LOS ANGELES — Michelle Janikian, who writes about marijuana for publications like Herb, Playboy and Rolling Stone, says after she tells someone what she does for a living, she usually spends the rest of the conversation “trying to act so friendly and mainstream” so they don’t think she’s stoned.
Adam Salcido relates that after he went to work a couple of years ago for a southern California company that helps organize weed-infused events like Hempfest and Cannabis Cup, he had to reassure his family he wouldn’t turn into a drug addict.
Stoner stereotypes die hard.
But with a multibillion-dollar industry beginning to flower — marijuana is now legal in some form in 30 states — cannabis advocates are pushing to dispel the idea that people who toke up still live on the couches in their parents’ basements and spend their waking hours eating Cheetos and playing video games.
MedMen, a flashy, upscale chain of dispensaries that brands itself as the Apple store of pot shops, recently rolled out a $2 million ad campaign that, for lack of a better description, might be called the “anti-stoner offensive.”
Photos of 17 people — including a white-haired grandmother, a schoolteacher, a business executive, a former pro football player and a nurse — are being splashed across billboards, buses and the web by the company that has dispensaries in Los Angeles, Las Vegas and New York. Each photo has the word “stoner” crossed out and in its place a description of their job.
People can find their biographies on the website forgetstoner.com, where they can also learn why they use weed. Reasons range from treatment of medical conditions like migraines and anxiety to simply enjoying the high.
“What we’re saying is the very definition of a stereotype is defining a person by one bad mention,” said Daniel Yi, MedMen’s senior vice president of communications and a former Los Angeles Times reporter. “They’re also a grandmother. They’re also a father, a son, a brother.”
Judd Weiss, CEO and founder of cannabis company Lit.Club, believes the industry needs to do still more. He suggests marketing products in a way that makes them look more than just respectable, but as the herbal equivalent of a fine bourbon or scotch.
Thus, he says, Lit.Club’s vape pens are packaged in a way “that won’t embarrass you at the opera.” They look sleek and stylish, with inspirational phrases like “Light A Path” printed on each one. He compares the aroma and flavor of his company’s pre-rolled joints to something similar to a fine brandy.
“Very much like the Tesla, we want to be seen as luxury quality but affordable,” he said.
The website Leafly, which is sometimes called a Yelp for discerning potheads, has taken out ads in The New York Times and staged promotional events at gatherings like the South by Southwest Festival in Austin, Texas, to extol the virtues of marijuana. Better sex and better health are two claims it focuses on.
Still there is pushback from some who believe realities about pot are being glossed over by slick marketing.
“It is not a controversial claim to say that marijuana could be addictive for some people, that it could produce mental illness, that it’s tied to impaired driving, that it makes you not motivated, that you’re more likely to drop out of school if you’re a kid using,” said Kevin Sabet, president of the group Smart Approaches to Marijuana and a former drug policy adviser to presidents Bill Clinton, Barack Obama and George W. Bush.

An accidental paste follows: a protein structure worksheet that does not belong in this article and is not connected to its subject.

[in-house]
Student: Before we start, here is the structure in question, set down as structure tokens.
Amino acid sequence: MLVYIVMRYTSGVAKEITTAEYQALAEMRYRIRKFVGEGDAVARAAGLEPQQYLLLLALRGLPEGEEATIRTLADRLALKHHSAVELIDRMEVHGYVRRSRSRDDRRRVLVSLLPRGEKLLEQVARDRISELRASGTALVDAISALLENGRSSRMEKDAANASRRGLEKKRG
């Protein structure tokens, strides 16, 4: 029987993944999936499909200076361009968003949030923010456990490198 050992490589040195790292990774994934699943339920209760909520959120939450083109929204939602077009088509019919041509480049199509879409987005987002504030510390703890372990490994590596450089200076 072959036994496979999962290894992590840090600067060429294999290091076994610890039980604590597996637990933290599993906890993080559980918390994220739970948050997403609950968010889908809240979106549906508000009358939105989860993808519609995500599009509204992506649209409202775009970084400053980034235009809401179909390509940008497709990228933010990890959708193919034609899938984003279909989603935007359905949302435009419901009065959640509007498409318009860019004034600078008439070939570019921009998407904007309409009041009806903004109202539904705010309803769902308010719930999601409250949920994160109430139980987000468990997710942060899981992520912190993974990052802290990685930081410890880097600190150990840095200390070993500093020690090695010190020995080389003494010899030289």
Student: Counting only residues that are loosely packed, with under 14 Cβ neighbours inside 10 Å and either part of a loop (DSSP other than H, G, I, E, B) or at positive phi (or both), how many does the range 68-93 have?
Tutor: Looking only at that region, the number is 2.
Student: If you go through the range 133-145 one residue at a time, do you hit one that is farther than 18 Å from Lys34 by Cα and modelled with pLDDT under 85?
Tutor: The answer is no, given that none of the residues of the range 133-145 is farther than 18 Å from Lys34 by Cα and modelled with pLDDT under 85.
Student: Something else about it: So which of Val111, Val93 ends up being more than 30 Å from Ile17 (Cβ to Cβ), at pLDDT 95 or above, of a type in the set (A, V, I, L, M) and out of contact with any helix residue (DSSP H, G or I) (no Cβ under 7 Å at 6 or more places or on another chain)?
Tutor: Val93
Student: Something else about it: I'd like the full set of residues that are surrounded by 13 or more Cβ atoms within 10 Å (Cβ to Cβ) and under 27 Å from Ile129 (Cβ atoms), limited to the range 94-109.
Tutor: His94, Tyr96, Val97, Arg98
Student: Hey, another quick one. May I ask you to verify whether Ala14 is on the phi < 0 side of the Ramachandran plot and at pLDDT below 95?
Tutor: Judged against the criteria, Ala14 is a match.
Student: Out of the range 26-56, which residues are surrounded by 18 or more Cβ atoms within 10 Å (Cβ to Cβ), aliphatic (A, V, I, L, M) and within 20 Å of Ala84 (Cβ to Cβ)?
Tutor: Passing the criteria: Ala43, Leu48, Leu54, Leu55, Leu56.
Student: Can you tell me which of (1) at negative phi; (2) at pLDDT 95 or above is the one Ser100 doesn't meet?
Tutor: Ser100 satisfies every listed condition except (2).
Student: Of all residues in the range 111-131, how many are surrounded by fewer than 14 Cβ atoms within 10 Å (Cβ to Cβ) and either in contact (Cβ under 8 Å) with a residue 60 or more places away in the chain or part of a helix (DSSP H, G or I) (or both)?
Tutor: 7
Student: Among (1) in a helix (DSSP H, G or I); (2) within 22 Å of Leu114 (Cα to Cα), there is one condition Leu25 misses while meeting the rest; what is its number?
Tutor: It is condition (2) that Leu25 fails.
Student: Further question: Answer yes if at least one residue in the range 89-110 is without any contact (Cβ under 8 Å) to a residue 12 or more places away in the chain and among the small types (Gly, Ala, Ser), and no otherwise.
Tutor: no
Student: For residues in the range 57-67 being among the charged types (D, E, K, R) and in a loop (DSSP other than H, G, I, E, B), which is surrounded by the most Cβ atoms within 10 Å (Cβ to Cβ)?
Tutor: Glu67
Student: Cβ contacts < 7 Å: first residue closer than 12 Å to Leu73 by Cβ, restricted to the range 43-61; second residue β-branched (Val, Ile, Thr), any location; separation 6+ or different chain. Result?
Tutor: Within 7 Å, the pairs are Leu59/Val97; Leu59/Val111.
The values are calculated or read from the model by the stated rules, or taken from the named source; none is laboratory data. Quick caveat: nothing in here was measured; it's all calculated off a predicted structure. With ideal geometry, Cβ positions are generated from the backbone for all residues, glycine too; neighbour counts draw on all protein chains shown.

Sabet accuses the cannabis industry of enticing children with edibles and cookies in an attempt to become another “big tobacco,” although he also acknowledges there is evidence that marijuana has some medicinal value.
It was edibles that brought Cindy Paul of Billings, Montana, to a Portland, Oregon, pot shop a few weeks ago to sample marijuana for the first time in 25 years. A casual if closeted smoker during her school days, Paul, 55, said she decided to indulge again while vacationing with her daughter in a state where it’s legal and where she can acquire it in a form she doesn’t have to inhale.
“I do think it has medicinal qualities,” she said, adding, “I’m not using it for that. I’m using it to have a good time. I don’t think it’s any different than having a beer.”
To bring more people like Paul into the fold, branding expert Robert Miner said the marijuana industry needs to use movies and TV shows to change negative perceptions.
Those lovable stoners Cheech and Chong were fine back in the day when it came to rebuffing the idea that anybody who smoked pot was headed for “Reefer Madness.” But the mainstreaming of marijuana, he said, demands a new message.
“For that larger portion of the cannabis-consuming population, that same silly bumbling stereotype that led to a wider acceptance is now an impediment to their being open about their cannabis consumption,” said Miner, whose firm, Miner & Co. Studio, works with TV networks and other media in image building.
One show that presents a more modern take on marijuana is HBO’s “High Maintenance.” It features a bicycle-riding pot dealer who interacts with a variety of average New Yorkers, from empty-nesting boomers to workaholic millennials. The only thing any have in common is they buy marijuana from him and, as they do, pull him into their daily lives.
It’s one of Janikian’s favorite shows, and she’d like to see more like it. But for now the writer who divides her time between New York and Mexico will continue to remain circumspect about her marijuana use.
She sometimes uses a topical cream to curb anxiety and after a hard day’s work she likes to smoke a joint to unwind like any “random normal person” would have a glass of wine.
But she knows those random normal people are often skeptical.
“It’s like, ‘Oh, you just want to smoke weed,’” she said, laughing. “‘Stop lying.’”
Associated Press writer Gillian Flaccus contributed to this report.
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